PLOT: After being labeled one of "the bad batch" by a society that casts her out, a young woman named Arlen must find her place in a desert wasteland occupied entirely by outcasts and murderers.
REVIEW: Sophomore slumps don't hit much harder than THE BAD BATCH, Ana Lily Amirpour's followup to her subtle, sublime GIRL WALKS ALONE HOME AT NIGHT. Not that we should compare the two, as Amirpour's clearly going for something different with her new one, which is different in tone, scope and vision, but it can't be ignored that her 180 in direction has produced a film that is extremely ponderous and unrewarding. Thankfully, memories of GIRL still loom large, so I have reason to believe she'll regain her mojo down the line. THE BAD BATCH is worth leaving behind ASAP.
Set in an unexplained future (or alternate reality) where society's undesirables are set adrift in the desert, the film's loose narrative revolves around recently expelled Arlen (Suki Waterhouse) as she navigates a pitiless terrain filled with cannibals, spaced-out cultists and various wanderers and vagrants. The film's opening sequences are compelling, a nearly dialogue-free stretch that sees Arlen quickly set upon by a savage group led by the hulking Miami Man (Jason Momoa). She loses an arm and a leg, literally, but manages to escape, and the rest of the film details a seemingly endless amount of droning encounters with the desert's weirdos.
From the get-go, Amirpour's film appears to be straining for cult movie status, with most touches coming off as self-consciously affected. Scenes go on for way too long for no reason other than to pile on vacant gazes and/or faux-philosophical sermonizing. GIRL is an unhurried movie too, but it's imbued with ominous portent, almost every scene purring with sensual suspense, while BAD BATCH never conjures up a stimulating atmosphere. Like most of its characters, BAD BATCH has the laconic, hazy attitude of a person who's been roaming the desert for way too long. Amirpour frequently uses recognizable pop hits ("All That She Wants"; "Karma Chameleon") to juxtapose the grim offerings on screen, although they don't exactly bring much other than juxtaposition.
When it does summon some energy, the tone turns strikingly silly. Most of this comes courtesy of a commune called Comfort, which is led by The Dream (Keanu Reeves), a charismatic Jim Jones/David Koresh type who keeps a small village of followers harmonious thanks to a steady supply of drugs. Like a headtrip at a hippie music fest, the scenes in Comfort are clunky alternatives to the stagnant passages in the harsh desert, where Arlen and Miami Man eventually team up to find the latter's missing daughter.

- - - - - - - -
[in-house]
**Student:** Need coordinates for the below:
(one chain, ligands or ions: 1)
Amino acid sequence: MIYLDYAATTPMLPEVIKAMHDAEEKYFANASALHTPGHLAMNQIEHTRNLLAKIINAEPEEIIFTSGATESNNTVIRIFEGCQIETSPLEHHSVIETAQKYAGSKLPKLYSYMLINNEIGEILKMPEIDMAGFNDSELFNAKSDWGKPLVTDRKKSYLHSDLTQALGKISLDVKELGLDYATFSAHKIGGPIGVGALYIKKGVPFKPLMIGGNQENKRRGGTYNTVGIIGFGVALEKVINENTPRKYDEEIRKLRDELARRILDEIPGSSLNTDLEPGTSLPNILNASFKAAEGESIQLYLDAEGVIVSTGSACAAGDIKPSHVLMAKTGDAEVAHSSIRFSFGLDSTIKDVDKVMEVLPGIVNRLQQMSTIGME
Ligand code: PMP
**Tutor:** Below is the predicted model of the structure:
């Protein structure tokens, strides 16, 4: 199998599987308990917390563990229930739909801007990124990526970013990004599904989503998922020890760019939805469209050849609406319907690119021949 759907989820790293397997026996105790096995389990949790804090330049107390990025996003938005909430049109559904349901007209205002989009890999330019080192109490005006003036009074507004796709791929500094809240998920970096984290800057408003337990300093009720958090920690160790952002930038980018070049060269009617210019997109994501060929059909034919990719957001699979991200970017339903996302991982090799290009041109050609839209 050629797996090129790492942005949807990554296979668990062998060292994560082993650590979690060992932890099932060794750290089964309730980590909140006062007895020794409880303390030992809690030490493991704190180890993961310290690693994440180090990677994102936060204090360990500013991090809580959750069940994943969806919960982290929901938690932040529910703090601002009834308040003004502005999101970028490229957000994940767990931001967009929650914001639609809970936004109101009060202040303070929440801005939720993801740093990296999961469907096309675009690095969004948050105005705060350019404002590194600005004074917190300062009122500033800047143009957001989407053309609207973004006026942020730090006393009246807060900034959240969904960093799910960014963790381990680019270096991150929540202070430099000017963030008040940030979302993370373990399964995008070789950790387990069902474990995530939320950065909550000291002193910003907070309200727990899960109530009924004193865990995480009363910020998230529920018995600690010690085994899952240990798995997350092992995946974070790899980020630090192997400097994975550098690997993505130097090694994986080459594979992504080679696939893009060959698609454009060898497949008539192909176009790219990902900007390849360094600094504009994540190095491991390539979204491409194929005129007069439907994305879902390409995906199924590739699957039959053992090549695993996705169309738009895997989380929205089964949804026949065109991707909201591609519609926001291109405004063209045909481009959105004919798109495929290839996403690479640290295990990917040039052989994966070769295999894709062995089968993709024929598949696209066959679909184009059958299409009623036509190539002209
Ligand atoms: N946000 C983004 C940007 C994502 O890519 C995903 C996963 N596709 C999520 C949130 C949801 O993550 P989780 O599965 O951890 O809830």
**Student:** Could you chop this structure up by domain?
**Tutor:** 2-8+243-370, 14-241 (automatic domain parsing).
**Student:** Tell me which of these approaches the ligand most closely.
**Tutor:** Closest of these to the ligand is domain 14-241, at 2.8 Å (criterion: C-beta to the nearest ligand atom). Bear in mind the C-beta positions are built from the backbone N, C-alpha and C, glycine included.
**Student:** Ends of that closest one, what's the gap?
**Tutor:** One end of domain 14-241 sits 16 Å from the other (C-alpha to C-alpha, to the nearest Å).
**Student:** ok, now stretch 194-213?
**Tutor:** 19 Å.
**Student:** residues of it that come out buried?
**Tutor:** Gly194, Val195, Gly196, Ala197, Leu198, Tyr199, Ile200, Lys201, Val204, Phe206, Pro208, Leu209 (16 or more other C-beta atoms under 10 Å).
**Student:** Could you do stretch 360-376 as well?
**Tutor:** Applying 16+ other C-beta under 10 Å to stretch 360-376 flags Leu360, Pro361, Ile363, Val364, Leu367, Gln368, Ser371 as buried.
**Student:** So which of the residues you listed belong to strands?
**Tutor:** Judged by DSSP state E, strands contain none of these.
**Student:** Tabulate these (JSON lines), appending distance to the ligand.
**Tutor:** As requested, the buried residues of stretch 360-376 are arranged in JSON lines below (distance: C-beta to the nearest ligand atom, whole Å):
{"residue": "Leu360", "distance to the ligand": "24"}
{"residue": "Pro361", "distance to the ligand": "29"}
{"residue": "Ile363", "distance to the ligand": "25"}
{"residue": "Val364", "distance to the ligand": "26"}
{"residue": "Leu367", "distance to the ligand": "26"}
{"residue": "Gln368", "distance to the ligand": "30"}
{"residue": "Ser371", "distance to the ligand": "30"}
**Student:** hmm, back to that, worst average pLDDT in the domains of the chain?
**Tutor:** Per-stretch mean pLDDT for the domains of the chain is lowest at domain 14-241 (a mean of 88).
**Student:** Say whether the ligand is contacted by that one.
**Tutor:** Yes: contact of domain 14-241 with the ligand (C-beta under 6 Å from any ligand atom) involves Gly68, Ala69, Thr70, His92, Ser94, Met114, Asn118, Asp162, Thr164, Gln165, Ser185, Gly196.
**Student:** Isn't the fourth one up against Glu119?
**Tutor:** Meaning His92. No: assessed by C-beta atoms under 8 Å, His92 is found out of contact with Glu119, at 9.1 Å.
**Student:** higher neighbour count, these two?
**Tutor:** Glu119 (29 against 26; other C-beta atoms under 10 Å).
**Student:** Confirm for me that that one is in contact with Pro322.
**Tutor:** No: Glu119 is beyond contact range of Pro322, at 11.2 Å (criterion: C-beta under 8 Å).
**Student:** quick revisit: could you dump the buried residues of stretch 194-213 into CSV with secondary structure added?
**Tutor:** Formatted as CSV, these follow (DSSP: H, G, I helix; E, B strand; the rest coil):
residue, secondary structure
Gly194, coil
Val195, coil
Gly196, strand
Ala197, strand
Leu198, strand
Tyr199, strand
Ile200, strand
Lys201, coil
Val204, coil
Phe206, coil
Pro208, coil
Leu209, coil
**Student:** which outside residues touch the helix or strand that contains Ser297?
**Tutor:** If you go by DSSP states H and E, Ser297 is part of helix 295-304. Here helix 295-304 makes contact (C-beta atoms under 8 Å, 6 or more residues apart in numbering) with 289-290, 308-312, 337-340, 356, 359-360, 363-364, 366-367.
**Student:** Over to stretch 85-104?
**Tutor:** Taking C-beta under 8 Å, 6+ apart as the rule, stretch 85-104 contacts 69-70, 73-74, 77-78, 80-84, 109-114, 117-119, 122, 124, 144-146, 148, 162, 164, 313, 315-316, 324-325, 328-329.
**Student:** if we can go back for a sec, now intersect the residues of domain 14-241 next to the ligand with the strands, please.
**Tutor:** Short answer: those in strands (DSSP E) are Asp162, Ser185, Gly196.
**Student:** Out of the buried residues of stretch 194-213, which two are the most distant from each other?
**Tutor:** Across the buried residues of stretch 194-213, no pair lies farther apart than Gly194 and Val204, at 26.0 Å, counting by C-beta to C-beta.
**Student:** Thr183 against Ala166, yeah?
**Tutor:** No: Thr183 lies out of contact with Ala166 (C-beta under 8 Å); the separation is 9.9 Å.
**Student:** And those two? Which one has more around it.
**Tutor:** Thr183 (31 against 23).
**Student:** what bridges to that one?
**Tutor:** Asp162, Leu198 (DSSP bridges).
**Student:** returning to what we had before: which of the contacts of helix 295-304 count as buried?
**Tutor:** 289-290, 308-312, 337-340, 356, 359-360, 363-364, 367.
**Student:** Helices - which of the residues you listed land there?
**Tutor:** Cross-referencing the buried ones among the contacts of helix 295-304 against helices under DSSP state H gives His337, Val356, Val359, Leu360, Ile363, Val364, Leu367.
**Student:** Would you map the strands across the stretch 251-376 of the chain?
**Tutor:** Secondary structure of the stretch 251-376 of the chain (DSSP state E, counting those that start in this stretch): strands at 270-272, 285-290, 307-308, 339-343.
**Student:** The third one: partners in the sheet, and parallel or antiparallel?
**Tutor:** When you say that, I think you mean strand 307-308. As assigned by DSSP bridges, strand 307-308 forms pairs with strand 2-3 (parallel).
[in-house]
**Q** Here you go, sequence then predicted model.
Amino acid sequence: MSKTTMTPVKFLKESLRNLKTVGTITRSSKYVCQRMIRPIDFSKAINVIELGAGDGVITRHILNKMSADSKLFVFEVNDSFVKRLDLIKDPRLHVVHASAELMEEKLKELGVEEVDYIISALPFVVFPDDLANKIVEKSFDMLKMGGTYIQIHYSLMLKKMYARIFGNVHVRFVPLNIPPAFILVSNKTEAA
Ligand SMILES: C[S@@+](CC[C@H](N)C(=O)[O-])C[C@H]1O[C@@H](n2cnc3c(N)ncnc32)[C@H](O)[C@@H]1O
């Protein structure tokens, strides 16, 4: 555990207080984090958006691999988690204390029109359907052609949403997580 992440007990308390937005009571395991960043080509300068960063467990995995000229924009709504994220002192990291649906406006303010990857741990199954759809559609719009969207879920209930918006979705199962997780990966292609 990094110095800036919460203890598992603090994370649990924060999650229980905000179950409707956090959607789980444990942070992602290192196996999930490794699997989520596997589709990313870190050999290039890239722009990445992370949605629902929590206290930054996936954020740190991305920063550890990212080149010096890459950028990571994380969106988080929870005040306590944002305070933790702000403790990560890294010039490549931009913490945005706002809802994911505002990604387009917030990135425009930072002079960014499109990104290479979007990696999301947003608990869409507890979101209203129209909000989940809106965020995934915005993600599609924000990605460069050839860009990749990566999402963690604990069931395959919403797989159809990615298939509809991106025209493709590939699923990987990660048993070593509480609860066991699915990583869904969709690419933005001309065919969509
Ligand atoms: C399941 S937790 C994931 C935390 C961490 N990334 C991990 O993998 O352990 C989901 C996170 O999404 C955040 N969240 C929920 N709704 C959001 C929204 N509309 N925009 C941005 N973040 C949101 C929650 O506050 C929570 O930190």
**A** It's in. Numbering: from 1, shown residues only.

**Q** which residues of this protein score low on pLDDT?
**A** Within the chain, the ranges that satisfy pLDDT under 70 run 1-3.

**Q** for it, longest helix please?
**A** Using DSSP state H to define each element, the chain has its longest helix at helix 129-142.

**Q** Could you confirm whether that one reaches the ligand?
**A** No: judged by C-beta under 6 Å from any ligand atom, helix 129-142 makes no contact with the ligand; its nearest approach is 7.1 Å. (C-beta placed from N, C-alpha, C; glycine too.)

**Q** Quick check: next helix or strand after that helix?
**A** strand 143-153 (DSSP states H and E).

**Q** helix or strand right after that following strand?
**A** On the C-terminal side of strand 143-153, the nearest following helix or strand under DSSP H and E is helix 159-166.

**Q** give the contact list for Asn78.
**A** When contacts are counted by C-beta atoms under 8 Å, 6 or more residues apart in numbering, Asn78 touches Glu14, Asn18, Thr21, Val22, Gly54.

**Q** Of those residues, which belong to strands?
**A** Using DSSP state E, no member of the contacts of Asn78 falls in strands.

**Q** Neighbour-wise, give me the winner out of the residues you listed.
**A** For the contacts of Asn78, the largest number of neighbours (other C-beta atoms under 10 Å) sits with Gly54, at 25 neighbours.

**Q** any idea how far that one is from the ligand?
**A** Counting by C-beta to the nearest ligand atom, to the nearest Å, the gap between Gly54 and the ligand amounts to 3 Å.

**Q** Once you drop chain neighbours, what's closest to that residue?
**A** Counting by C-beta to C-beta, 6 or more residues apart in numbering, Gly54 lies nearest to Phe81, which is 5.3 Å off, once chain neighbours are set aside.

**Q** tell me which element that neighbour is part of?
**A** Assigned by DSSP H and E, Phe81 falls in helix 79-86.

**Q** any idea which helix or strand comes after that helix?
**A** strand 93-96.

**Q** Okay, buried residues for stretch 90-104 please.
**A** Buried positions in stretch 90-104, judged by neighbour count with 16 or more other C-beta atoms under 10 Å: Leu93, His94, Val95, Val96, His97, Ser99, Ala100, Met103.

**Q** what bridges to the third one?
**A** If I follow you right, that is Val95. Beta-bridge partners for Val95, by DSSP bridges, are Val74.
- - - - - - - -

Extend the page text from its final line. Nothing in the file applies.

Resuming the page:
The film manages to eek out a handful of poignant moments, and the notion that Arlen and Miami Man might even build a relationship - despite the glaring fact that the latter is responsible for the former's amputations - is a compelling one. But Amirpour squashes most of the good will with a narrative that can be described as aimless at best. All of this adds up to not much at all; the third act has almost no tension, and a climactic sequence between the Arlen and The Dream contains lots of talk but fairly little substance. Surely, Amirpour is interested in gender politics, with Miami Man and The Dream representing two persuasive male figures Arlen must contend with as she finds her way, and there are allegorical flourishes throughout (you can imagine Donald Trump being very favor in the notion of deporting The Bad Batch), but THE BAD BATCH's lumbering pace and uneventful storytelling overrule everything else.
The casting of the film is interesting, neither helping nor hindering it. Waterhouse is lovely to look at but can't bring much life to Arlen beyond her beguiling face (to be fair, there isn't much of a character for her to work with). Momoa is suitably imposing and sees to it that Miami Man has a measure of introspection, while Reeves is just fine as a loquacious charlatan. Jim Carrey shows up, bizarrely, as a silent vagabond who helps both Miami Man and Arlen on their journeys, and Geovani Ribisi is rather ridiculous as a flamboyant lunatic who prances about The Dream's compound. Blink and you'll miss Diego Luna as Comfort's resident DJ.
THE BAD BATCH is pretty bad indeed, but let's keep hope alive for Amirpour's next outing. She's almost certainly better than this.